Eating Right for You and Baby

 

The good news about breastfeeding is that you don’t have to eat specific foods to make high quality breast milk for your baby. Mothers from all over the world, eating many different diets, have all been nursing successfully for thousands of years. However, a healthy, balanced diet will increase the quality of your breast milk and will help you as well. Nutritious foods help you to heal from childbirth and give you more energy to meet the needs of your growing baby. Most doctors recommend that a nursing mom eat about 250 to 500 extra calories a day. That doesn’t mean eating a bag of MnMs or some Twinkies. Here are some things to think about when planning what you will eat.

Stay Hydrated

Your body needs plenty of fluids to produce breast milk; 8-10 cups a day. Water is great, but juice, milk (or milk substitutes like soymilk or rice milk), herbal teas, and broths or soups will also fill the bill. Of course you will want to limit alcohol, sugar-filled, and caffeinated beverages. One way to make sure you are getting enough fluids is to drink a glass of water, juice, or tea with each feeding.

Eat Plants

That means plenty of veggies, fruits and whole grains. Fruits and vegetables are loaded with nutrients for you and baby. Try especially to eat some dark green leafy vegetables like spinach or kale every day. Fruits are not only a great snack, but can give you a nice energy boost as well. When choosing grains, go for whole grains over processed foods – brown rice or quinoa instead of white rice, whole wheat breads and pastas, and old fashioned oatmeal are all good choices.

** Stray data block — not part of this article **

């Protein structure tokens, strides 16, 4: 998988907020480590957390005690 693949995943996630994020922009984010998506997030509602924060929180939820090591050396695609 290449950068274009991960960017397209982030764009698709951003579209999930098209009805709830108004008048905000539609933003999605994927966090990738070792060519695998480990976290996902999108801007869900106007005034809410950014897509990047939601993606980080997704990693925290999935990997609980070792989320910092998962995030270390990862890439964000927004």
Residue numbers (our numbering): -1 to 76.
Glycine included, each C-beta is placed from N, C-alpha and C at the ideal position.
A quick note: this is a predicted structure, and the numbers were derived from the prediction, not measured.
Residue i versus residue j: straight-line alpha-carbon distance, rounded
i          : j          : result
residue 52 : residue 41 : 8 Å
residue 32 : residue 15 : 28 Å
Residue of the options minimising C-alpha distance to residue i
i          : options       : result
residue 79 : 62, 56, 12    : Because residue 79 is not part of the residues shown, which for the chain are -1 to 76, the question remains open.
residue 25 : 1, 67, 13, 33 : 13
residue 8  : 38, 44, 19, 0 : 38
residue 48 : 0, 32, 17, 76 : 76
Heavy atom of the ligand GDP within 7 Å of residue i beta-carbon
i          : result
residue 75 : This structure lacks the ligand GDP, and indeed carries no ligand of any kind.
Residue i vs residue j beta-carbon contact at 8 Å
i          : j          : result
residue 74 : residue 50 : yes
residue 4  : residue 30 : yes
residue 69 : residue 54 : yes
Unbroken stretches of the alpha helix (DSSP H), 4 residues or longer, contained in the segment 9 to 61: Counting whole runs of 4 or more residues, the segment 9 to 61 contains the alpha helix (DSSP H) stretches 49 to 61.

Get Your Protein 

Aim for two or three servings of protein a day. A serving is 3 to 4 ounces of meat, poultry, seafood, eggs, tofu, nuts, cheese, yogurt or milk. Fish is a great choice, but limit your consumption due to high mercury content.

Fats are Important Too 

Your body needs fats to make the fatty hind milk that baby gets toward the end of a feeding. Vegetable oils, Avocadoes, nuts, and even dairy products are good sources of fats. Stay away from trans-fats found in margarine and many store-bought snacks and baked goods.

When Possible, Go Organic 

Organic foods have more nutrients and of course are free of harmful pesticides and fertilizers. Organic food is generally more expensive than nonorganic, but even if you only buy some organic foods, you are helping yourself and baby. One way to start is to be sure and always purchase the “dirty dozen” organically. These are the top twelve types of produce most susceptible to pesticides. The dirty dozen are: peaches, apples, sweet bell peppers, celery, nectarines, strawberries, cherries, pears, grapes, spinach, lettuce, and potatoes.

Vitamins and Minerals

While breastfeeding you need to get enough vitamins and minerals. Especially important are Calcium, Vitamin D, Folic Acid and Iron. Although you can get many of these nutrients from the foods you eat, it is hard to know if you are getting enough of each nutrient every day. Taking a supplement made especially for nursing moms is a great way to make sure you are coving all your bases.

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